“The group’s aim is to continue the resistance in Iraq and throw out the occupiers but at the same time to restate that Jihadi operations will strike the occupiers and their agents and not innocent civilians whom we should protect,” reads the statement.

The new cartel goes on to ask the Islamist militiamen to think seriously about the consequences of their attacks before carrying them.

These words, and the final part of the document which refers to an interpretation of Sharia law which can change according to the requirements of a military strategy, appear to be a pointed criticism of al-Qaeda in Iraq which is increasingly isolated within the insurgency.

This report by AKI leaves some things in need of clarification.  The loss of senior al Qaeda in Iraq (AQI) leadership was possibly at the hands of competing insurgent groups, but is has been speculated that the loss in AQI leadership was at the hands of insurgents who are now working with coalition forces.  This seems somewhat dubious, but be that as it may, this alignment with U.S. interests (if it exists) must be seen as temporary and tenuous.  In Counterinsurgency Paradigm Shift in Iraq, I said “The much-heralded tribal split with al Qaeda is a positive sign in the Anbar Province, but it must be remembered that even if AQI loses in this showdown, the insurgency is not defeated.  One side of the insurgency has merely gained supremacy over the other.”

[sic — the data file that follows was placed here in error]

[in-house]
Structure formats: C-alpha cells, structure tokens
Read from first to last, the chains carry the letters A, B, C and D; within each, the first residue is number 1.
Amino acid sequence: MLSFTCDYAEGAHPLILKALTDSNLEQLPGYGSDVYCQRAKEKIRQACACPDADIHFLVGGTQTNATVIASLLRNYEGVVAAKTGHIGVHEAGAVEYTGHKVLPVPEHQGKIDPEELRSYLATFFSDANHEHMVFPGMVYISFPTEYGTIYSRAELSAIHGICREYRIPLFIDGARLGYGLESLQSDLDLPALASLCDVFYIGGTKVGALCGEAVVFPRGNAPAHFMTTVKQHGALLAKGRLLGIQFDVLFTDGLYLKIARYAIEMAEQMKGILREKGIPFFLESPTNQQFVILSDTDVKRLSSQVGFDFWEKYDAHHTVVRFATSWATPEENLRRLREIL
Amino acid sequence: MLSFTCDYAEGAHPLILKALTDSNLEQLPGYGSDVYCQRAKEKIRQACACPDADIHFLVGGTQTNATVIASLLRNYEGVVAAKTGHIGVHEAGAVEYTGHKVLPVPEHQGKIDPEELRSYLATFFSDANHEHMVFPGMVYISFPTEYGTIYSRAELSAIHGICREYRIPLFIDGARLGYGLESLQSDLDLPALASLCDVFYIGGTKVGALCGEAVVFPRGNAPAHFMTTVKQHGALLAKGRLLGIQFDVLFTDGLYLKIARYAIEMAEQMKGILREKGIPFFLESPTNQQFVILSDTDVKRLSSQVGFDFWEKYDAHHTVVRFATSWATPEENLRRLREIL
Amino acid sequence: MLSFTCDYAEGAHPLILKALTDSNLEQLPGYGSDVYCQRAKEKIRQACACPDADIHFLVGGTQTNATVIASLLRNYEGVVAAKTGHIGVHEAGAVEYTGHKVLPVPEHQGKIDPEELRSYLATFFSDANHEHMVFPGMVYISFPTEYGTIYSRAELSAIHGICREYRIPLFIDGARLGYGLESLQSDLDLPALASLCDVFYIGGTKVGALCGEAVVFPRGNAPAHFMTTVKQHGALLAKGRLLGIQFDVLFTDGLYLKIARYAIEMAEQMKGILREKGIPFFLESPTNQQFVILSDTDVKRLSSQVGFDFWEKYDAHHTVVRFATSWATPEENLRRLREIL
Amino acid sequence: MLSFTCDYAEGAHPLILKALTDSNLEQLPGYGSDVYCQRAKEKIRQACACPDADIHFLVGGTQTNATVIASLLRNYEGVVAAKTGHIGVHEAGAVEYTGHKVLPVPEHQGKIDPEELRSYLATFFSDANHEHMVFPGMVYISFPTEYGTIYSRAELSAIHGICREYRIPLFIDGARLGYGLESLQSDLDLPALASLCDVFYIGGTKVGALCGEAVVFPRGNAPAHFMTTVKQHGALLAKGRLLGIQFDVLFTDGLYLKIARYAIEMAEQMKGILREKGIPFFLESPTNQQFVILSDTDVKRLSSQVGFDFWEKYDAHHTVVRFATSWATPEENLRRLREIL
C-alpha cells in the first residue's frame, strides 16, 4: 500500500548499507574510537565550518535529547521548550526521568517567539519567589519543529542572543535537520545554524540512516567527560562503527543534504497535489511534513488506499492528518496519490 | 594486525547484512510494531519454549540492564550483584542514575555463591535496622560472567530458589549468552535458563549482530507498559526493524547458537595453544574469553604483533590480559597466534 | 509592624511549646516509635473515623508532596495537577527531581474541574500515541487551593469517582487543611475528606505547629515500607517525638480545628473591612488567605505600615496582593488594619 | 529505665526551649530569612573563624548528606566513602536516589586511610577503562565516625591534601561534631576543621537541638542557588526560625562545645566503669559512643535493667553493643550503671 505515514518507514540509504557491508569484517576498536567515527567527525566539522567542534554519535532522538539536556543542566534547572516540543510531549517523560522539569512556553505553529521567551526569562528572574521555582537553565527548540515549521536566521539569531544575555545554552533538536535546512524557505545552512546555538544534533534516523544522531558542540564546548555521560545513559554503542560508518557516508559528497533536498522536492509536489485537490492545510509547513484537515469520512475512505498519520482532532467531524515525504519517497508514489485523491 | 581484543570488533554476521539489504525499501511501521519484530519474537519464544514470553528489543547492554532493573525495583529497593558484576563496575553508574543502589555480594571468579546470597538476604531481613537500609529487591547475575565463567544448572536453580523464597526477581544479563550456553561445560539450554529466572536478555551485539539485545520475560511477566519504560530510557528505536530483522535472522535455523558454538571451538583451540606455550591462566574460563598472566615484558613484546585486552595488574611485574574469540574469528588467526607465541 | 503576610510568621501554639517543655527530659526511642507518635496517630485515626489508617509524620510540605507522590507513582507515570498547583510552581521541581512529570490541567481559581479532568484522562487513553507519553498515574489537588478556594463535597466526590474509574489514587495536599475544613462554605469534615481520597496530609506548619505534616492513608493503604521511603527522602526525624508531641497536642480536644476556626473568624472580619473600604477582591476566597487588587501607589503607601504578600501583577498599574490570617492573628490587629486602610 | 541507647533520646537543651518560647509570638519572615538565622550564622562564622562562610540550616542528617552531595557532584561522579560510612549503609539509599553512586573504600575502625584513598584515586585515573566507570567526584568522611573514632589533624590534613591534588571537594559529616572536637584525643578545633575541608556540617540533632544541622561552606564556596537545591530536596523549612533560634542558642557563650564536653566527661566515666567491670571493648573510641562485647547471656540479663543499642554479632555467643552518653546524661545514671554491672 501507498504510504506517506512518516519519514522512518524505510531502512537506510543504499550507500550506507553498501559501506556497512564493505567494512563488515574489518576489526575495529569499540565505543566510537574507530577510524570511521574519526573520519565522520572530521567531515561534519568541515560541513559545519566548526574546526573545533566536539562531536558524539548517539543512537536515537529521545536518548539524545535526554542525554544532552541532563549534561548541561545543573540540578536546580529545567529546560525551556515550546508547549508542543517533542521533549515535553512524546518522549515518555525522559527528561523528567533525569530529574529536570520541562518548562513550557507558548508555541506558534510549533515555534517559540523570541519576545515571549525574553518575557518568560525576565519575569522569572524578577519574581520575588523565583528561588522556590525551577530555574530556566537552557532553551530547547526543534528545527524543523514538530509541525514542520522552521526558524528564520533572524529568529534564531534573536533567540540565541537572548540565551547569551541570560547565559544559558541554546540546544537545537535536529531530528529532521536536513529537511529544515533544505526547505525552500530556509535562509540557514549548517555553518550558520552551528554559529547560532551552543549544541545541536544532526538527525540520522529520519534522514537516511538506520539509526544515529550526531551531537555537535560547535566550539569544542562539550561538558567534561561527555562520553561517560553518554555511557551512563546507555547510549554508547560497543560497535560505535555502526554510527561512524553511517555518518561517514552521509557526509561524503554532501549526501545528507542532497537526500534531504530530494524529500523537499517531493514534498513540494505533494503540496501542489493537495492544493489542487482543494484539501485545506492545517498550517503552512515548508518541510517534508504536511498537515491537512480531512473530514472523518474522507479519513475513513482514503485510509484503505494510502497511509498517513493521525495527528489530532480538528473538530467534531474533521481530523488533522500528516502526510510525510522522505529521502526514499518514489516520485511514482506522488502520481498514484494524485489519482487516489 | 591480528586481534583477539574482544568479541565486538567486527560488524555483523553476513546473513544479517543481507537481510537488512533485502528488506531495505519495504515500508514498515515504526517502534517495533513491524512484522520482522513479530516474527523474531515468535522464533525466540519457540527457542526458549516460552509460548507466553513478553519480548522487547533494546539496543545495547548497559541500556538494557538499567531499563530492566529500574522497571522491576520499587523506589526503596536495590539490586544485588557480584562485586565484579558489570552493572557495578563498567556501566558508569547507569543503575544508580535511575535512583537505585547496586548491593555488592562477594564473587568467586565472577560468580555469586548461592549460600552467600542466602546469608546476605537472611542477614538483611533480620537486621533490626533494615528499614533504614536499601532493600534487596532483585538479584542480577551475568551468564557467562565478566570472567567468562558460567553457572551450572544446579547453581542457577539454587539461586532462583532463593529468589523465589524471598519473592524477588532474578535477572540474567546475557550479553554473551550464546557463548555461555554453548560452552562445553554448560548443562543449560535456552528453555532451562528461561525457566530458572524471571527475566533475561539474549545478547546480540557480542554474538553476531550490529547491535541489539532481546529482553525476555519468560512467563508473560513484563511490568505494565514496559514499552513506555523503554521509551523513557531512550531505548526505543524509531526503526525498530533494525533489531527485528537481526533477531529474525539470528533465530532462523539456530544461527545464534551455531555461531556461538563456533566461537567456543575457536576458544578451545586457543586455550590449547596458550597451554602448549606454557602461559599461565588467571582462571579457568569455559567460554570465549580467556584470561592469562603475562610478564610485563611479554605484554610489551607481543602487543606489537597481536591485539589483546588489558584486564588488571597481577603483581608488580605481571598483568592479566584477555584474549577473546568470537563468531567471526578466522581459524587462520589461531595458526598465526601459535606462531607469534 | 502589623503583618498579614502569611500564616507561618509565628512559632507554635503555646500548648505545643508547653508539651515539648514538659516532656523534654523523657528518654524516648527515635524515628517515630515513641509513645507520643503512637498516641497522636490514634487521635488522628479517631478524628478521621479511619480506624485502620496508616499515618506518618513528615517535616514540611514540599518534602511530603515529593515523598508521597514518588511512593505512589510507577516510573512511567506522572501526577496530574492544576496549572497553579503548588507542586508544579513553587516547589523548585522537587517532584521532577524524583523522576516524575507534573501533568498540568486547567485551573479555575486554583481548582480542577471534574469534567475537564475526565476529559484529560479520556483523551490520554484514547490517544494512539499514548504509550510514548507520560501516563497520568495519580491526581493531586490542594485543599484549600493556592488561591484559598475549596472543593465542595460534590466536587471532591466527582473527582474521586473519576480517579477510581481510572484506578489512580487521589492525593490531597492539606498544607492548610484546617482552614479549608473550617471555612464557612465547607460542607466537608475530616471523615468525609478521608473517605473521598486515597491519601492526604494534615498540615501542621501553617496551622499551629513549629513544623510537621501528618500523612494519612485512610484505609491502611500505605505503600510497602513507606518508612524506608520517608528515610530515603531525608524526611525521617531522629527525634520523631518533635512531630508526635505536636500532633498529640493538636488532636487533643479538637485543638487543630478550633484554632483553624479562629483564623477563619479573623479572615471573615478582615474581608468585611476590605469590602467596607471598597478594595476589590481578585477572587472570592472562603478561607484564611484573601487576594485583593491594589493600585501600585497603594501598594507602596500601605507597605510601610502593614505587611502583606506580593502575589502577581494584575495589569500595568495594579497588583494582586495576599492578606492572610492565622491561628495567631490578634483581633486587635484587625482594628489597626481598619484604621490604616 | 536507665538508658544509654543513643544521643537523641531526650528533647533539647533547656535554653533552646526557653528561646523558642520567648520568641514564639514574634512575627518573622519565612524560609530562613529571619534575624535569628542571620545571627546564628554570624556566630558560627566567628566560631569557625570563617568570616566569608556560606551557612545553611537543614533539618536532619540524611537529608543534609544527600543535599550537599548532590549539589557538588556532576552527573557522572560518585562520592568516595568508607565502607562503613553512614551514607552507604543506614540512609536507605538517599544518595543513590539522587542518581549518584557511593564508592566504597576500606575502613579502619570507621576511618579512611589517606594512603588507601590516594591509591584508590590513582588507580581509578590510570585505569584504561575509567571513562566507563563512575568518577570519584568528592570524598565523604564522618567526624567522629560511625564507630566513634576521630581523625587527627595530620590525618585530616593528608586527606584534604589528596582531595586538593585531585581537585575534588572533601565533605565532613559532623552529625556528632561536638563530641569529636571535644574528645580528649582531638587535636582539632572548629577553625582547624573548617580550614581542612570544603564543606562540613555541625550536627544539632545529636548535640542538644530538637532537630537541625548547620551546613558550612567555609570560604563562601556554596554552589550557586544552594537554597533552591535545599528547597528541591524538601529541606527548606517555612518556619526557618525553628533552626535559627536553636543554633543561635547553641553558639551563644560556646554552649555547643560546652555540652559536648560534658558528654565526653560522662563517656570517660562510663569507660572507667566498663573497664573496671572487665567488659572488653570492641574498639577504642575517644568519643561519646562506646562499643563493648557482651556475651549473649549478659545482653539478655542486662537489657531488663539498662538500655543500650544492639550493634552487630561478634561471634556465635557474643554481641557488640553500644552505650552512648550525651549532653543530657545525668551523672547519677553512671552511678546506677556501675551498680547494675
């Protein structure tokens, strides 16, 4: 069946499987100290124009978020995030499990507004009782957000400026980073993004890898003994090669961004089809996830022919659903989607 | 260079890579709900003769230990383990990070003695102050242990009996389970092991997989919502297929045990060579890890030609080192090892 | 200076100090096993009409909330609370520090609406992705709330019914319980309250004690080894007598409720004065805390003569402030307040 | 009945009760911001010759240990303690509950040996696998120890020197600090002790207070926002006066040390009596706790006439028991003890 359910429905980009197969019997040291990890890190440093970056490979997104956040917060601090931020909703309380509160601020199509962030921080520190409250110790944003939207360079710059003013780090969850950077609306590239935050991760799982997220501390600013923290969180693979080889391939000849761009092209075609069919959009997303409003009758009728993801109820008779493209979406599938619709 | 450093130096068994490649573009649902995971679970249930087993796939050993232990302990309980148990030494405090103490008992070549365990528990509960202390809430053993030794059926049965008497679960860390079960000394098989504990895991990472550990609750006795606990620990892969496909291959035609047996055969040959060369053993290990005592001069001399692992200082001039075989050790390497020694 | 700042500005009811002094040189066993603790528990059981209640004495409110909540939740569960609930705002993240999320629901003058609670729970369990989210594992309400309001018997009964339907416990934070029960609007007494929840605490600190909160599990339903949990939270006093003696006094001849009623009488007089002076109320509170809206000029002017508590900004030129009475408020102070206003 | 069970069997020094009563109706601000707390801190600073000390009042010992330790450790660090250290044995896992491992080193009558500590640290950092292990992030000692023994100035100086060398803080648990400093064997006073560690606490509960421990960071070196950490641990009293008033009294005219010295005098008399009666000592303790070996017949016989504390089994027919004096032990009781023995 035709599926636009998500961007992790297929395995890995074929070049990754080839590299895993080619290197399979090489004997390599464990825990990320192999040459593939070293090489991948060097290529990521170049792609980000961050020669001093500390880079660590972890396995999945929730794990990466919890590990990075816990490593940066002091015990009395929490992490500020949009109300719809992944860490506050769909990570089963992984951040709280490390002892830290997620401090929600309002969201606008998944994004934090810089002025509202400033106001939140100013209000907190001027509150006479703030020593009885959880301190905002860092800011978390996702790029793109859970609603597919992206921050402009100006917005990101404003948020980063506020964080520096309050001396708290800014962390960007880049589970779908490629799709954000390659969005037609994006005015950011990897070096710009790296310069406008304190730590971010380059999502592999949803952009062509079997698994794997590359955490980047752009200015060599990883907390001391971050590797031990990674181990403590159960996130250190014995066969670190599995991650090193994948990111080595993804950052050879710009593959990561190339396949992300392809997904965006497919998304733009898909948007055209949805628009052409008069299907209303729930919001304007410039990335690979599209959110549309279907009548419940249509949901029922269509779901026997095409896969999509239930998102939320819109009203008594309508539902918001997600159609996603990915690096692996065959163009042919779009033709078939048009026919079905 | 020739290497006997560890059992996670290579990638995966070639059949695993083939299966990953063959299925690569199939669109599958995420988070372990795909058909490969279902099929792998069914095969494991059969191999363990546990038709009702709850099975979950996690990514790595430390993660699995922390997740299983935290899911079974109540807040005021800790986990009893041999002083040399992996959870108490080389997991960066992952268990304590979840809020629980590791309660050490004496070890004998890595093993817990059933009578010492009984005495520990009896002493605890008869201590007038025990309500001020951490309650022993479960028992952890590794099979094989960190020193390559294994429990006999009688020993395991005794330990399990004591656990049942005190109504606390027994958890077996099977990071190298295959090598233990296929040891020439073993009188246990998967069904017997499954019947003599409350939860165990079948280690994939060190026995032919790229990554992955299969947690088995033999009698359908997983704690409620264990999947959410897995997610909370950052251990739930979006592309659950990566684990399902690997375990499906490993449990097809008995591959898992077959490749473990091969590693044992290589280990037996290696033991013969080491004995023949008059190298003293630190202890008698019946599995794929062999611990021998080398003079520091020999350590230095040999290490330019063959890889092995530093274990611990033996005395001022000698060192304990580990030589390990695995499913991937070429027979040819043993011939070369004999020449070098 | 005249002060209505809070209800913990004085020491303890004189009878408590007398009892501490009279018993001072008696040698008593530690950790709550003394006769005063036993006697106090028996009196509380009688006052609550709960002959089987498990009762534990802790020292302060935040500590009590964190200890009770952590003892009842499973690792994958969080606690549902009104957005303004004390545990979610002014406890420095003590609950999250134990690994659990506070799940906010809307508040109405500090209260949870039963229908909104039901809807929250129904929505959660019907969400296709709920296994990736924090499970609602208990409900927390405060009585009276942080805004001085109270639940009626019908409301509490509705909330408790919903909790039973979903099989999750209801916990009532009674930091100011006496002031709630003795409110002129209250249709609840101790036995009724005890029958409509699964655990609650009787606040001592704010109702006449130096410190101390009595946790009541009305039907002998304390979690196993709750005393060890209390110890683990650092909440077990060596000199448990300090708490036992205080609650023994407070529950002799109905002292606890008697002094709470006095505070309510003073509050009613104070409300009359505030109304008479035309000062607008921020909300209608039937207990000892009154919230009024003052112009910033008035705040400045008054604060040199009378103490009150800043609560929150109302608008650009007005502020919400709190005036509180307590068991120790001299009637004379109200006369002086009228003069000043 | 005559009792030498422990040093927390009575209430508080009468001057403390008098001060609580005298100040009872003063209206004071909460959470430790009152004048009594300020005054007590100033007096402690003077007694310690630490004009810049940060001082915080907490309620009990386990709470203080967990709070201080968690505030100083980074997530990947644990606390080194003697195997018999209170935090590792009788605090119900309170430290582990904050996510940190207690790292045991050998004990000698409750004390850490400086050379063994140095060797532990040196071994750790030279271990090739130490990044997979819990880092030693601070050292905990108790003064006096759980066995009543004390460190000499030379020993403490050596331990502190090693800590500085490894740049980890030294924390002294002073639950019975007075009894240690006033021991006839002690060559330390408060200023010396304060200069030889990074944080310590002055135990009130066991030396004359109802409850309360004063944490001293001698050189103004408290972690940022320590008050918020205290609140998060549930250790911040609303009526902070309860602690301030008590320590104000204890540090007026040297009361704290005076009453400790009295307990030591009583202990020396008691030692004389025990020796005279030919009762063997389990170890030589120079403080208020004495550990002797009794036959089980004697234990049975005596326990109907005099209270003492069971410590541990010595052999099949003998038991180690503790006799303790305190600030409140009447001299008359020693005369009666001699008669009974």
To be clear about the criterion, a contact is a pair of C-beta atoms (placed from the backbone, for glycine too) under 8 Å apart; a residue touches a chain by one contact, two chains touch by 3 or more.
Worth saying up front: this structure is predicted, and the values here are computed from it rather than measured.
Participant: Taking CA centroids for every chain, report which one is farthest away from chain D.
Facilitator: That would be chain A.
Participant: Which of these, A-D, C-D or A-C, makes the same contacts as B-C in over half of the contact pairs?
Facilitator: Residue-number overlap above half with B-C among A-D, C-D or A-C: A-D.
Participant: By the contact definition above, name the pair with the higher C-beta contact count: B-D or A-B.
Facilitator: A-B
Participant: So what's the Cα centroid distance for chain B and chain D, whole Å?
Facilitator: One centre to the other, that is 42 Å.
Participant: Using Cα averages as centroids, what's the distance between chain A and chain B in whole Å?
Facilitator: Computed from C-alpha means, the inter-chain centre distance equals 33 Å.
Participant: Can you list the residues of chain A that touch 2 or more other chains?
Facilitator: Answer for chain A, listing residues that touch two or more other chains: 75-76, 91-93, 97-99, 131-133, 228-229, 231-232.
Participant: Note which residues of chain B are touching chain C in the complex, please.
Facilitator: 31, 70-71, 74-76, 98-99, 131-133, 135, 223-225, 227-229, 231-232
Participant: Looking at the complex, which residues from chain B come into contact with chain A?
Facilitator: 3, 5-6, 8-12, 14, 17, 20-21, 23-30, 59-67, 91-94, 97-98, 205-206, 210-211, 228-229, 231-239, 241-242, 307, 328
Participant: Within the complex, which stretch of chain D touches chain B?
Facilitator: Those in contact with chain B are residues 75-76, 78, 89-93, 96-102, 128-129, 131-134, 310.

Foreign fighters are still a significant influence in Iraq, especially concerning suicide bombers (crossing the Syrian border) and weapons supply (crossing the Iranian border).   It is certainly the case that should AQI diminish or even disappear from Iraq, the results will be positive.  But in the total absence of AQI and Ansar al Sunna (AAS), there would still be an insurgency among the hard line Baathists and Fedayeen Saddam (although it is now becoming apparent that the Baathists, as a political party, are beginning the process of self-destruction).  This reorganized insurgency will be opposed to the U.S. presence in Iraq, and in fact, the real purpose of the split in the current insurgency is made clear in their vision for the future.

The Islamic Army in Iraq, the Mujahideen Army and Ansar Al Sunna (Shariah Council), an offshoot of the established Ansar Al Sunna group, said they would avoid spilling civilian blood, according to an Internet statement.